Category Archives: Employee Benefits & Executive Compensation

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Non-Qualified Retirement Plans & Divorce: You May be Able to Honor DROs, But Should You?

Honor
You probably already know that employers are required to honor qualified domestic relations orders (commonly referred to as “QDROs”) regarding the division of qualified retirement plan benefits (such as 401(k) balances) when an employee gets divorced. However, many employers mistakenly assume that they must also honor domestic relations orders (“DROs”) related to nonqualified retirement plans … Continue reading this entry

A New Way to Use Your 401(k) Plan to Attract and Retain Recent Graduates

401(k)
According to a recent report, the average student loan debt for a Class of 2016 graduate is $37,172. As recent graduates enter the work force, they often choose not to contribute to their employers’ 401(k) plans and lose out on corresponding employer match because they prefer to focus on paying off their student loans or … Continue reading this entry

How Do I Report Non-Qualified Plan or Severance Payments to a Former Employee? Hint: You Should Probably Use a W-2, Not a 1099!

Payments
Employers commonly make payments to former employees for a number of reasons. Two of the more routine payments are those from a non-qualified deferred compensation plan (such as payments from a supplemental executive retirement plan or a 401(k) restoration-type plan) or pursuant to a severance arrangement, and sometimes both. (Other termination- or settlement-type payments, such … Continue reading this entry

Looking at an Expanding Landscape: Multiemployer Plan Withdrawal Liability

withdrawal
If an employer withdraws from a multiemployer pension plan such that the employer no longer has an obligation to contribute to the plan, the withdrawing employer is generally responsible for its share of the plan’s underfunding. This is referred to as withdrawal liability. Typically, in the context of an asset sale transaction, the seller is … Continue reading this entry

Details Matter: Medical Plan Anti-Assignment Clauses Protect Employers

Details
Yes, details matter. This is true on many fronts, including whether the documents governing the medical plan offered to employees prohibit employees and their dependents from assigning their plan benefit rights to a health care provider.… Continue reading this entry

Complying with Hardship Withdrawal Rules Makes Retirement Plan Administration Easy (Well, Easier, Anyway)

Retirement
In a February 2018 article, my colleague Kathleen Dreyfus Bardunias encouraged retirement plan sponsors to implement annual “operational checkups” in order to ensure their plans were administered in compliance with the plan’s terms and applicable law. That article described various retirement plan administration errors that review might uncover, including: failing to timely deposit employee contributions, … Continue reading this entry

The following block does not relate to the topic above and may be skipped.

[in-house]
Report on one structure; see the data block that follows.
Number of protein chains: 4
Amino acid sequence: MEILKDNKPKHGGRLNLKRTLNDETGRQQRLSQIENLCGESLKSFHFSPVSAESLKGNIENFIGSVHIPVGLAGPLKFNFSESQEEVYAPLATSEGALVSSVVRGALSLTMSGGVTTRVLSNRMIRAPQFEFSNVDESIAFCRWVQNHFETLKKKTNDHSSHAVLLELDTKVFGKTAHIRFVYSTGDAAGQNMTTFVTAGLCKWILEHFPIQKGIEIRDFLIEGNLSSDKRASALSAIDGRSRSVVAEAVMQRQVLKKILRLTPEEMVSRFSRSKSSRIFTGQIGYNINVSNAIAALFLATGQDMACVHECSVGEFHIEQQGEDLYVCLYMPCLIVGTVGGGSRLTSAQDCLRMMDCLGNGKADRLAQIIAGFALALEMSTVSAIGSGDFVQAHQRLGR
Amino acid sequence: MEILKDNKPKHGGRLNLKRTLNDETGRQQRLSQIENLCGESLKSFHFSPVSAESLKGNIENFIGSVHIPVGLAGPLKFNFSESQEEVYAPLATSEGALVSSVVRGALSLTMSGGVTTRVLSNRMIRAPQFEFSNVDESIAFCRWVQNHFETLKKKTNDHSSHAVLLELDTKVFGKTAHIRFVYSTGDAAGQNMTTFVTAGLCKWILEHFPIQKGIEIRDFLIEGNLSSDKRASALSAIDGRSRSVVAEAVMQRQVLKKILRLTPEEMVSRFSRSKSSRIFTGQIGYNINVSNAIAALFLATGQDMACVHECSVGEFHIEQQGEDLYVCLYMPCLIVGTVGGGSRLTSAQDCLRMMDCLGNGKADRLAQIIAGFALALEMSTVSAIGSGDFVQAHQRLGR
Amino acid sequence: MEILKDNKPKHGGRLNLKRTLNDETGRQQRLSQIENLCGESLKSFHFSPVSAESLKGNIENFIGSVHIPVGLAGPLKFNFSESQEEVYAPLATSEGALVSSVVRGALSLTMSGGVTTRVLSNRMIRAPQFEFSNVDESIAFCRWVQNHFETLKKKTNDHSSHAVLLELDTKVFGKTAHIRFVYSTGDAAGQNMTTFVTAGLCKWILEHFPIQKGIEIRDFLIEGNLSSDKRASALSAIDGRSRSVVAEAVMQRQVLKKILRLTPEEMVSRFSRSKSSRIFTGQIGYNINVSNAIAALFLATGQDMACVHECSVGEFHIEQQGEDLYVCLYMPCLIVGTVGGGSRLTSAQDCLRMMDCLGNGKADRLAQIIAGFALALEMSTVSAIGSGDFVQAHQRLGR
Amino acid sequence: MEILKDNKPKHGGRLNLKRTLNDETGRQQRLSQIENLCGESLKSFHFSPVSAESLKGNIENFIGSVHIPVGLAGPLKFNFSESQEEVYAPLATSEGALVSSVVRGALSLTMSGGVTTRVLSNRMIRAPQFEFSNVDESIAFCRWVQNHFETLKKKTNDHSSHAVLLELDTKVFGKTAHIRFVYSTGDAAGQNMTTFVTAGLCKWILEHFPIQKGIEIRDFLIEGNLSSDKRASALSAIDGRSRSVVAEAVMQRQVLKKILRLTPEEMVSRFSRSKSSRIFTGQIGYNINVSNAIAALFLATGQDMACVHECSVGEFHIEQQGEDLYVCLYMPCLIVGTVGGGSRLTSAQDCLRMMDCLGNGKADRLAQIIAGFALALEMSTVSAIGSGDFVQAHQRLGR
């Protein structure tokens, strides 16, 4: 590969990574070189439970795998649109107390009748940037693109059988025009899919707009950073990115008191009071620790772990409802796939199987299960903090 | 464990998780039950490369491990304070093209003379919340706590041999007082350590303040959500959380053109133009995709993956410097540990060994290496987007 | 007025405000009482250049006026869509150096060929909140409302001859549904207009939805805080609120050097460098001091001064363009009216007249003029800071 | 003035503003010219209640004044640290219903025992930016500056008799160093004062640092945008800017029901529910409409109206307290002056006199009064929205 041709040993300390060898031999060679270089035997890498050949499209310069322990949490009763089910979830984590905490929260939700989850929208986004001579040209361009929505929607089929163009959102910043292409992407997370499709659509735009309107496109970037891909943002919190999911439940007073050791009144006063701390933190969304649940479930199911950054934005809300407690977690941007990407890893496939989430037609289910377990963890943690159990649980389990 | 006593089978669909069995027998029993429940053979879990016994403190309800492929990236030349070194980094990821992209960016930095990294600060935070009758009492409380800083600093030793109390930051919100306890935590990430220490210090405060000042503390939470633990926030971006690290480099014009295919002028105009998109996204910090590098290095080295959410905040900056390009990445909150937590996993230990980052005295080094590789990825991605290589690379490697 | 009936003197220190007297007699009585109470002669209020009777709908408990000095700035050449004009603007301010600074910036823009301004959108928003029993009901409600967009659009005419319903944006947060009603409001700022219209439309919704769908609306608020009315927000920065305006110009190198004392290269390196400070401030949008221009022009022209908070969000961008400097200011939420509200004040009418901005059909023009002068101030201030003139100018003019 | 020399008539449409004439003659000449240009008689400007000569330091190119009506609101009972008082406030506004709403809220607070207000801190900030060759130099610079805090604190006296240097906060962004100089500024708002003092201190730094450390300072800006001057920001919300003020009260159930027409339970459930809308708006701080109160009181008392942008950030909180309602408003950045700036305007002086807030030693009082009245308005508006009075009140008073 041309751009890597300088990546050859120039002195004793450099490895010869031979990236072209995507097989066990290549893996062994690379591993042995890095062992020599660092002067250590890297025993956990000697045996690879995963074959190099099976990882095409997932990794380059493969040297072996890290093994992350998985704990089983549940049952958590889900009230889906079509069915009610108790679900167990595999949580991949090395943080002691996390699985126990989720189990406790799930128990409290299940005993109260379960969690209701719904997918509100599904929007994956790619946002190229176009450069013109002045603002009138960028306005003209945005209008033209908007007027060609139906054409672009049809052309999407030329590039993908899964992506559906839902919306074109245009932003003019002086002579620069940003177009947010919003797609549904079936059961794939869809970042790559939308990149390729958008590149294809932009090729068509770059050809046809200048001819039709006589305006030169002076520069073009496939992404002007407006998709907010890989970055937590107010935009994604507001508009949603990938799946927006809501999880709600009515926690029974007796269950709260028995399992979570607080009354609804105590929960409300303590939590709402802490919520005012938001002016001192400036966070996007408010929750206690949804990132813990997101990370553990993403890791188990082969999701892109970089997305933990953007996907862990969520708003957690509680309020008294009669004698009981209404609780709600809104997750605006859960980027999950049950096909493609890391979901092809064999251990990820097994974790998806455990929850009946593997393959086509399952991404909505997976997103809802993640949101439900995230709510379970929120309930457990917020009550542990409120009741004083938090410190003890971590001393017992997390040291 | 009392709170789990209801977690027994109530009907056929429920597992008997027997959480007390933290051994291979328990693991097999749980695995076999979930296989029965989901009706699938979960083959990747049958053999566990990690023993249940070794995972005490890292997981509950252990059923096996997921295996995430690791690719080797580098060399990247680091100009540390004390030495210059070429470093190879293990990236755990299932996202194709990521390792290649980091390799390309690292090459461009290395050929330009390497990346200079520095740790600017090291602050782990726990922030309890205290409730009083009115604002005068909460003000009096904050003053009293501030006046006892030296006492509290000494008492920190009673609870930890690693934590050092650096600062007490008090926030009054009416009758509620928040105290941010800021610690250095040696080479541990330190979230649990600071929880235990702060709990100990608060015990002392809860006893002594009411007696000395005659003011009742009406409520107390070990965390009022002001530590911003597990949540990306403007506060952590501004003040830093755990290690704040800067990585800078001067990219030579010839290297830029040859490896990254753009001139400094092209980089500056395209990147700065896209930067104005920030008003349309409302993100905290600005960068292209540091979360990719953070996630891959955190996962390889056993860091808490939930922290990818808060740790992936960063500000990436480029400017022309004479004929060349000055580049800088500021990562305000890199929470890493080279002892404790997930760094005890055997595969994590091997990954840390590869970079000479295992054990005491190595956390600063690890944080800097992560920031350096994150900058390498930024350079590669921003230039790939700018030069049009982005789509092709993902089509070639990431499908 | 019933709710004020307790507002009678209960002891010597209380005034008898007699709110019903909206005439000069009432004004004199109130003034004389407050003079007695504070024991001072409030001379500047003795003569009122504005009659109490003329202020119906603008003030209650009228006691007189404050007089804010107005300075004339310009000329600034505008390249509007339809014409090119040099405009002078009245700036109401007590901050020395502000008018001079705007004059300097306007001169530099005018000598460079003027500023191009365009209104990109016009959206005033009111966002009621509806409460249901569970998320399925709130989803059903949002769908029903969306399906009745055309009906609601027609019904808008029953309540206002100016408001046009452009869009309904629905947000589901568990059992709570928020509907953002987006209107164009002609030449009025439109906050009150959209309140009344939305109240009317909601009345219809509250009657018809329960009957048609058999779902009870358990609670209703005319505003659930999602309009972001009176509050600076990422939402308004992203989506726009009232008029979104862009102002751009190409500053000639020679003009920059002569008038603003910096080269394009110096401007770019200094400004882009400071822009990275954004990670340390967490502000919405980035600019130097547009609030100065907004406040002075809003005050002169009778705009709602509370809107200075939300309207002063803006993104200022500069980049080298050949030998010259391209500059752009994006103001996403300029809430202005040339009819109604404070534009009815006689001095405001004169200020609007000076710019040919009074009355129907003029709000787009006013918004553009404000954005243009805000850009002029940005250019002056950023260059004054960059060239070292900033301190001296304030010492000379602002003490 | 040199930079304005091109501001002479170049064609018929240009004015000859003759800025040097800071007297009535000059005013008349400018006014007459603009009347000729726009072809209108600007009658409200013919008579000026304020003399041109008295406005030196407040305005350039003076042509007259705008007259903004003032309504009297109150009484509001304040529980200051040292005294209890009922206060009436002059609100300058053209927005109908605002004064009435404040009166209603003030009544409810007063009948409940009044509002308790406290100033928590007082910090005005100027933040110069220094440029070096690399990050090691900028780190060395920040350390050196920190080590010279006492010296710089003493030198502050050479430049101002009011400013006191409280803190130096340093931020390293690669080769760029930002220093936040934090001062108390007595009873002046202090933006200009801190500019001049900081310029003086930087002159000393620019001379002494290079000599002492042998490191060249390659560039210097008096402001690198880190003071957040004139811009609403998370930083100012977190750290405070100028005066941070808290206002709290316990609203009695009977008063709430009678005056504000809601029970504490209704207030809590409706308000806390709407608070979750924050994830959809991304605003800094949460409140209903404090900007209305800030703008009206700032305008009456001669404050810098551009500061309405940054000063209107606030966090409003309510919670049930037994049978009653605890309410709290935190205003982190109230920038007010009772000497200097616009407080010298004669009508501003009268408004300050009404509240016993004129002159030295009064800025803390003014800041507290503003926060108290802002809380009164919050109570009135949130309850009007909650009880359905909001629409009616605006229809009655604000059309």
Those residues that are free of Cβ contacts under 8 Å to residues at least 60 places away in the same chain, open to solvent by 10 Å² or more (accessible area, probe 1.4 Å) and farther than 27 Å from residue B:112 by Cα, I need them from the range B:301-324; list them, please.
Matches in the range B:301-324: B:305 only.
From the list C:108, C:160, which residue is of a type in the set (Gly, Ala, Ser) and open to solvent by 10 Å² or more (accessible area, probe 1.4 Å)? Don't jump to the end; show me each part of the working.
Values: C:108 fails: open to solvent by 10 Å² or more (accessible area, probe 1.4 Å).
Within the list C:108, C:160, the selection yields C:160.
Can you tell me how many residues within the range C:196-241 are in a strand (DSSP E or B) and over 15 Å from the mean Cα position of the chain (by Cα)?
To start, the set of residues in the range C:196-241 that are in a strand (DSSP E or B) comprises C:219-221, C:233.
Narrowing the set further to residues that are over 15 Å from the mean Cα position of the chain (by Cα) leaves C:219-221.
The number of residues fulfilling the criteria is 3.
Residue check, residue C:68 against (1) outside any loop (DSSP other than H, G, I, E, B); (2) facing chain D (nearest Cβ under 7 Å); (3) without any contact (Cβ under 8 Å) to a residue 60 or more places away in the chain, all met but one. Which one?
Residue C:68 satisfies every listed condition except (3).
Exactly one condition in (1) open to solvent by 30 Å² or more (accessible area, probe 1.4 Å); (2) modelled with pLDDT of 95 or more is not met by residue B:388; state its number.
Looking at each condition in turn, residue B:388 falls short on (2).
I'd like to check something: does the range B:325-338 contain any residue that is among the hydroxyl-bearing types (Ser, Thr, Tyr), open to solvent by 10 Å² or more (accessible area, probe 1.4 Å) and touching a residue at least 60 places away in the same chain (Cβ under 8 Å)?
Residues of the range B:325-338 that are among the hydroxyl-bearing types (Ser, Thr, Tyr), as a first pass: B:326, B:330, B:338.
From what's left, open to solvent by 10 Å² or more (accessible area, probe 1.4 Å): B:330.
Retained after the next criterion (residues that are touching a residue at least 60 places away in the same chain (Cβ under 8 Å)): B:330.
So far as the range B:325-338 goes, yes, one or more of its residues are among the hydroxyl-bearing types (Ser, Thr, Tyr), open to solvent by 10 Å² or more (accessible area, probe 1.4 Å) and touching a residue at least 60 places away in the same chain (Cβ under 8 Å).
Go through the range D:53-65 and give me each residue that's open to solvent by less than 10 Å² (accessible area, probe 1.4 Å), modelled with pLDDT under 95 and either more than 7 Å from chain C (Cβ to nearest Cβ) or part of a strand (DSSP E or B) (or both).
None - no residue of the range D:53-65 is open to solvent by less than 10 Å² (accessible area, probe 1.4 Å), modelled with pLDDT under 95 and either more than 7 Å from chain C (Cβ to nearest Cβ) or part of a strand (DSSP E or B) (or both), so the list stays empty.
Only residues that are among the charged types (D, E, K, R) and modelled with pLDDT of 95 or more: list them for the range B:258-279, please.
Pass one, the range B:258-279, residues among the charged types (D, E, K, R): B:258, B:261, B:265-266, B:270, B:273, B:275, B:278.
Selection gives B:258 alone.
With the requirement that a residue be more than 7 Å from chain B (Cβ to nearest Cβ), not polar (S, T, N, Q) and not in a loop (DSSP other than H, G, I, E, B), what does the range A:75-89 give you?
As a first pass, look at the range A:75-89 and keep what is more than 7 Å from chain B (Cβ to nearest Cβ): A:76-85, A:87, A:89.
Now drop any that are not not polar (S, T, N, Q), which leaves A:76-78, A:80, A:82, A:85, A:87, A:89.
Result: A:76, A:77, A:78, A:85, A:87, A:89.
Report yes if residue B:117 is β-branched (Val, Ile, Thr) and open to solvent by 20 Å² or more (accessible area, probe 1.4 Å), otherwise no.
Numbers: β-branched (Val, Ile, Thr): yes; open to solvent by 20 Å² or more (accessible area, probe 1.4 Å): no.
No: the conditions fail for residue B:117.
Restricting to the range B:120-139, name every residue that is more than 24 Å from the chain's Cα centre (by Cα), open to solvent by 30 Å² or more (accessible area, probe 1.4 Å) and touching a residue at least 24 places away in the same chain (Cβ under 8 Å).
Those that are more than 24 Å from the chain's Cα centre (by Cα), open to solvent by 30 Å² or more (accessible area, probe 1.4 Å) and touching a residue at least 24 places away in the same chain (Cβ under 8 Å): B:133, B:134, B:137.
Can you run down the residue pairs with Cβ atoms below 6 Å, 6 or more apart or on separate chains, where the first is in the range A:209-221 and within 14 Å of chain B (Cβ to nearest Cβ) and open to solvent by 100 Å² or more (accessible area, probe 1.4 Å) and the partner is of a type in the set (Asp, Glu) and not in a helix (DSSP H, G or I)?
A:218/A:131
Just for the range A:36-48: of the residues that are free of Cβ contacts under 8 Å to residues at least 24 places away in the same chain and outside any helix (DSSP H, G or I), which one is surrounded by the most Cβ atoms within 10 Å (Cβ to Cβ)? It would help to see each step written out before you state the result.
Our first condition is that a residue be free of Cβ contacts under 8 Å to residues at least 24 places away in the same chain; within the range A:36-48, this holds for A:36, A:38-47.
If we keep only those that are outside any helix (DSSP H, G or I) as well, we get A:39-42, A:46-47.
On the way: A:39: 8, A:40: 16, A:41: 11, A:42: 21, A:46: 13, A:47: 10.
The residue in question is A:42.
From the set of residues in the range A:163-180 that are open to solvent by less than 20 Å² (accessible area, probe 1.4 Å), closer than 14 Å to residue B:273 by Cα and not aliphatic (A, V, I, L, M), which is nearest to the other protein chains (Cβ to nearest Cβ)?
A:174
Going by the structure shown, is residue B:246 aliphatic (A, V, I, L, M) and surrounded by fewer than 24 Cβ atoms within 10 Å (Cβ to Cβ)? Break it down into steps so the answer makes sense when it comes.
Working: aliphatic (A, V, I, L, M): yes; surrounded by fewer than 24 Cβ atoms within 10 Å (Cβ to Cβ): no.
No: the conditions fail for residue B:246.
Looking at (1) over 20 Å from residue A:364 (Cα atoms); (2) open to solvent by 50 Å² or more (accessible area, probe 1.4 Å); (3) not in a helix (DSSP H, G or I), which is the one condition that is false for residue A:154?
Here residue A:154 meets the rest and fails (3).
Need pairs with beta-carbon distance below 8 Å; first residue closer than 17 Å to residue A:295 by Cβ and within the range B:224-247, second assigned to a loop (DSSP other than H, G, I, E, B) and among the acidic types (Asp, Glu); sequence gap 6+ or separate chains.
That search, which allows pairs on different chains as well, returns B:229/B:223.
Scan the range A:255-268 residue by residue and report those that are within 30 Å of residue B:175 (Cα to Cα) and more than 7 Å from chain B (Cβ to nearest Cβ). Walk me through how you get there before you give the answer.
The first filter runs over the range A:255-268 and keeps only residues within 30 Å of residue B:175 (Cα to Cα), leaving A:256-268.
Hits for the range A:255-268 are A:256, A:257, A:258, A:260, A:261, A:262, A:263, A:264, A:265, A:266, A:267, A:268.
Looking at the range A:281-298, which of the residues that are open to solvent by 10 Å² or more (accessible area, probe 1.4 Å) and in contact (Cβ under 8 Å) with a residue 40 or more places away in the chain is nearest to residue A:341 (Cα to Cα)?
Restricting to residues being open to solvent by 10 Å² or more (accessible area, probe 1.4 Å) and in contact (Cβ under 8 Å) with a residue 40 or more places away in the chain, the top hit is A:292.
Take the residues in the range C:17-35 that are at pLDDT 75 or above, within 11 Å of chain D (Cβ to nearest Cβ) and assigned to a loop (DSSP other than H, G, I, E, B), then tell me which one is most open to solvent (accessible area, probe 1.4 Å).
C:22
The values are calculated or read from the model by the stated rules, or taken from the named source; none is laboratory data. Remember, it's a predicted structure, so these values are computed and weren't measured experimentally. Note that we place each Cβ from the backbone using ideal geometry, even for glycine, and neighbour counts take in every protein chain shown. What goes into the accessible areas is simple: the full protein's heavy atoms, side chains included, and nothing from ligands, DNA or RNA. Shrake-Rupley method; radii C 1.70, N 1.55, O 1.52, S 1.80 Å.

What Now for Wellness?

Wellness
If you’re an employer trying to sponsor a wellness program for 2019, then the recent kerfuffle between the AARP and the Equal Employment Opportunity Commission (EEOC) affects you. The AARP has challenged the EEOC’s wellness program regulations on the grounds that the EEOC’s permissible wellness incentive of up to 30 percent of the cost of … Continue reading this entry

Term Limits? Stock Options are Not as Flexible as You May Think…

Termination
Even though stock options are a commonly used compensation tool, certain issues, such as whether you must/should limit their terms and, if you do, whether you can make changes to their terms after they have been granted, still catch some employers by surprise.… Continue reading this entry

April 1, 2018 is Fast Approaching – Are Your Disability Claims Procedures Ready?

Disability
The Department of Labor issued the final disability claims regulations on December 16, 2016. These regulations are effective for all claims filed on or after April 1, 2018. The Department felt the update was needed to provide claimants a full and fair review, to promote fairness and accuracy, and to better protect participants.  The Department … Continue reading this entry

An Annual Retirement Plan “Check-Up” May be Just What the Doctor Ordered!

Retirement
February is Heart Health Month, which always reminds me to schedule my annual doctor checkup. This got me thinking that the need for ongoing “checkups” and maintenance applies not just to our health, but to our homes, cars, and even to your company’s retirement plans!  That’s right—if you work with your employer’s tax-qualified retirement plans, … Continue reading this entry

Unlike Diamonds, You Cannot Presume Retiree Medical Benefits Are Forever

Employer
Last week, the United States Supreme Court issued a decision that gives unionized employers in Michigan, Ohio, Tennessee, and Kentucky greater ability to modify medical benefits they provide to retirees pursuant to current and prior collective bargaining agreements. Employers in these states were previously subject to the unique case law from the United States Court of … Continue reading this entry